The projectile FULLY penetrated the 8.5 cm thick of ballistic gel, plus three layers of hard cardboard.

If you’re thinking that isn’t enough to kill, you’re either Wolverine or a liar.

The metal rod penetrated so deep into the cardboard that it took a lot of trouble to get it out. I pulled hard, and all that came off was the rubber backing.

This is the metal rod with the rubber backing pulled off. You can see the damage caused clearer here.

Second Attempt

This is the second attempt of the ballistic gel. While it was kept constantly refrigerated until just prior to shooting, a wrong proportion of 14% gelatin was used. Thus, the gelatin is tougher than desired.

The airgun was pressured to only 25 PSI because my air pump was spoilt. As this was merely a small test fire at 25 PSI, I didn’t bother to take videos and pictures. But I got these:

I measured the penetration of the projection, and it’s about 3.2 cm.

Once again, please be reminded that the ballistic gel is supposed to closely represents human flesh, and in fact, it’s much tougher.

After this, I decided that I will not do any further testings because it’ll simply be wasting money to purchase another air pump. I’m setting for the 25 PSI shot and do further estimates from there.

At 25 PSI, it achieves a 3.2 cm. At its full power (limited by the air pump I buy) of 80 PSI, it should be at least 3 times as powerful, thus achieving a penetration of 9.6 cm at least. Of course, this are just estimates, and are definitely by no means, accurate. However, the true figure should linger near that value, possibly less.

To conclude, the airgun, fully pumped to 80 PSI by the air pump, would be able to penetrate at least 9.6 cm of human flesh using the projectile I made. The ballistic gel used here is 14% gelatin instead of 10%, which makes it significantly tougher than the 10% proportion.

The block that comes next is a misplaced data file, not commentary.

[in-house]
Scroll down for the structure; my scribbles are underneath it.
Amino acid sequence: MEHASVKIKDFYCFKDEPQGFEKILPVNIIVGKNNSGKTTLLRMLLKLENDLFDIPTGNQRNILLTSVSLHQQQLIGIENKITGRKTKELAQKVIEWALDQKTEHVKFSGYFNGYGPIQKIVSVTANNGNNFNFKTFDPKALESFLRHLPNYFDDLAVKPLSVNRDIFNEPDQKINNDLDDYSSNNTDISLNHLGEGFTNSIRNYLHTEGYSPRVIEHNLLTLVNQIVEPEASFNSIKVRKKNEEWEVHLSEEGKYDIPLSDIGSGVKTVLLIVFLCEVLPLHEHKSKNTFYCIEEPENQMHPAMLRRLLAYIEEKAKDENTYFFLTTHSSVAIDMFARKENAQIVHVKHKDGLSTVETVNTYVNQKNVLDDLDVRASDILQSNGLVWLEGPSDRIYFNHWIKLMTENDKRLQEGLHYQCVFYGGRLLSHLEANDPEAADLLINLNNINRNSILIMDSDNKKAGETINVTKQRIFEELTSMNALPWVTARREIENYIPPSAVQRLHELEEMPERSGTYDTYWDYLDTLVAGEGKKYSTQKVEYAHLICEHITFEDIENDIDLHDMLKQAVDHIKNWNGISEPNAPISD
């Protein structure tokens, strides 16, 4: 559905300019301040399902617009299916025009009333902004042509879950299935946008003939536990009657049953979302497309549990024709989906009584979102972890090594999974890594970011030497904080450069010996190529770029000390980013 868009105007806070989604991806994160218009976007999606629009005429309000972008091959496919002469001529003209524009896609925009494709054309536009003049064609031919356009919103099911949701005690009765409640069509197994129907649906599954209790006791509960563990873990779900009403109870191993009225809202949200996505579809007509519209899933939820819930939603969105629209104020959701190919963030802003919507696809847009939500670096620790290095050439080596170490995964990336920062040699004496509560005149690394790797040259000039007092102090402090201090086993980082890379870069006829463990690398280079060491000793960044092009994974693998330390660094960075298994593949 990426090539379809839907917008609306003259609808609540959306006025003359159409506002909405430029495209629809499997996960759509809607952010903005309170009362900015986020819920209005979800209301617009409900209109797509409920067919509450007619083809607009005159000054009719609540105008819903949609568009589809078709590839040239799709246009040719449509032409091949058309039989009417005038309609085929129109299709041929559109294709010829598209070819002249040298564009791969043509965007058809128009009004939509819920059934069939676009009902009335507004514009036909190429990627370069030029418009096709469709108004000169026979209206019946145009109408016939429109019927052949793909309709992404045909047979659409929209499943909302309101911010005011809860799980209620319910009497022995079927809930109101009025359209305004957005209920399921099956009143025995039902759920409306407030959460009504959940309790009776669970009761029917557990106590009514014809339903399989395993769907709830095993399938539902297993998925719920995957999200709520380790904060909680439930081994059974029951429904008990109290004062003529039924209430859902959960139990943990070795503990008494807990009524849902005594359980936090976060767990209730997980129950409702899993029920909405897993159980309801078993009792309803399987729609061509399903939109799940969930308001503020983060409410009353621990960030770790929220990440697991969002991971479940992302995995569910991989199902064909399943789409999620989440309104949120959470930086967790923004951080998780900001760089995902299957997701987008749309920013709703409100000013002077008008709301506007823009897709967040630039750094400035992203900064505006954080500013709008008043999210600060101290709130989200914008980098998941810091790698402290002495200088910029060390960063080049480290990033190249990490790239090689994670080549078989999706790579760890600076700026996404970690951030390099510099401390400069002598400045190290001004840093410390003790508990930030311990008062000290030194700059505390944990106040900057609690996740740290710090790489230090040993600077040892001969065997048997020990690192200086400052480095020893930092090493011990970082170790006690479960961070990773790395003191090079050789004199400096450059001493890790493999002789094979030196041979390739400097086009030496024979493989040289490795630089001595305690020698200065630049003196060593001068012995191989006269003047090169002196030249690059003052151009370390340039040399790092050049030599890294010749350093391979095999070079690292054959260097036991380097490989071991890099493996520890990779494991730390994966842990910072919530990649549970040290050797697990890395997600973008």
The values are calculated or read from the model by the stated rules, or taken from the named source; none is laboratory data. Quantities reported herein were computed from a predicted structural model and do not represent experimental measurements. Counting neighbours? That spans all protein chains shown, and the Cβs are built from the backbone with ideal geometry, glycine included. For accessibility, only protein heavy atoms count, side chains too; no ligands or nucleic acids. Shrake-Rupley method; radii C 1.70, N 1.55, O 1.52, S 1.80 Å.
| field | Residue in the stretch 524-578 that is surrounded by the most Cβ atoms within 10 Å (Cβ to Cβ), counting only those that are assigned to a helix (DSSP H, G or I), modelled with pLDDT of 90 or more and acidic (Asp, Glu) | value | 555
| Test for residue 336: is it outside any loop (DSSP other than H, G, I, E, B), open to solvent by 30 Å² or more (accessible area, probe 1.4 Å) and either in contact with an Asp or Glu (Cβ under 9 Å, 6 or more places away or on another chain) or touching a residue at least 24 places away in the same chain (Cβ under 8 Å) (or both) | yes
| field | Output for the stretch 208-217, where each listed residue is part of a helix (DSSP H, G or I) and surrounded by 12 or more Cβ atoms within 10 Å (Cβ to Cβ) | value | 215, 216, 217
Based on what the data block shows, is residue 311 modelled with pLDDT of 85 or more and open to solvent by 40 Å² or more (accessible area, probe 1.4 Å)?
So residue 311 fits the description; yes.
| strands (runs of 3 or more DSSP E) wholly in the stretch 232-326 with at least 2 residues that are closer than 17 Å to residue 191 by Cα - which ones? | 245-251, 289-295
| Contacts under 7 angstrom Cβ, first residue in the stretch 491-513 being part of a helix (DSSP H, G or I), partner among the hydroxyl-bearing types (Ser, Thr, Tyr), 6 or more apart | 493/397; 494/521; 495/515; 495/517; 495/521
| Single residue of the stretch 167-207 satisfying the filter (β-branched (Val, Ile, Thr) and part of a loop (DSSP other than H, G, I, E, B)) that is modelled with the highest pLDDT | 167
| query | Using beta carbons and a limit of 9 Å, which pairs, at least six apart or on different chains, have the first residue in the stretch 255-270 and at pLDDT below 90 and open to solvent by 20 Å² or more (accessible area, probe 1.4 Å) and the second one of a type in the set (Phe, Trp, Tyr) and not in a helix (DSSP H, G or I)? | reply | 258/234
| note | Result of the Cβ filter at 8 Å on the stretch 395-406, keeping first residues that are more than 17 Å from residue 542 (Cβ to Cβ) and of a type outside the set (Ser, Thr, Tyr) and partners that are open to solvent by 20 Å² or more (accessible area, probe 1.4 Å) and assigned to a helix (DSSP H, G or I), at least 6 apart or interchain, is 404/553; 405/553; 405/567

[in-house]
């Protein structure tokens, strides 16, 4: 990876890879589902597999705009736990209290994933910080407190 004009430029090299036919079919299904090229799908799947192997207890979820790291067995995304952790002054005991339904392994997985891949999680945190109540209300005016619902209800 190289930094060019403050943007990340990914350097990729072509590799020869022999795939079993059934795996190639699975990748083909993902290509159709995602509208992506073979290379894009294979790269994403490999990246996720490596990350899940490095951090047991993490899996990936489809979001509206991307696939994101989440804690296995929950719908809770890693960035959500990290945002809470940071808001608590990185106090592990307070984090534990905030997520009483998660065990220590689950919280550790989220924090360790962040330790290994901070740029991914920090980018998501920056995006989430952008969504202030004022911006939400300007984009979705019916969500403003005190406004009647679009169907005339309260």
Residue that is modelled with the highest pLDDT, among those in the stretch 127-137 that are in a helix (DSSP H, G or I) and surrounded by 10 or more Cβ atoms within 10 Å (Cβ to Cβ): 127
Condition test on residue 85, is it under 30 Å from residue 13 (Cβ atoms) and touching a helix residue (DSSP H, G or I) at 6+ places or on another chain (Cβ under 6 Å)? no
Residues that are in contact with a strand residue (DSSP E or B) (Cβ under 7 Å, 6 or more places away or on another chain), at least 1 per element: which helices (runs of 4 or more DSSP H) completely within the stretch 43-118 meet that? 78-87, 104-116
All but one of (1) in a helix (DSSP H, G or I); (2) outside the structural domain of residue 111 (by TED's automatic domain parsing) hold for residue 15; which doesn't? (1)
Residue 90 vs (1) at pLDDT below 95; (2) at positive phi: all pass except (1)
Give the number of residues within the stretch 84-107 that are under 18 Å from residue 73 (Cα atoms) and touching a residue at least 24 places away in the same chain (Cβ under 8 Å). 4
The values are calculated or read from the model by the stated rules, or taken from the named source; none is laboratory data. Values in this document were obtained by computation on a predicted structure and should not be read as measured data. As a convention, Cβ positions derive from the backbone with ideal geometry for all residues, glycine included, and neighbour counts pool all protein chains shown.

If this isn’t enough to kill, I don’t know what is.



I needed to remold the gel after the test shots.

So I did what I usually do: Place the gel into a pot, heat it, and pour the molten gel into the mold.

Well, it sure was melting, but at an incredibly slow rate. So I left it there.

For a short while only, really.

And after that short while, I came back to smell something horrible.

It was this:

I, amazingly, managed to burn MOLTEN gel.

I mean, it was all black. And it smelled real bad.

And so there you have it, my $9 spent in ballistic gel, along with lots of time, got toasted in its liquid state.

I shall spare you the more disturbing details of the clean up, which took like say, 45 mins? The gel solidifies at room temperature, so you get the idea.

Because of this unfortuntae incident, I wouldn’t want to spend another $9 on gelatin again. I’ll stop with the testings here.


Disclaimer: All experiments and projects presented here are highly dangerous and purely intended for educational and experimental purposes only. Do not attempt them at any rate.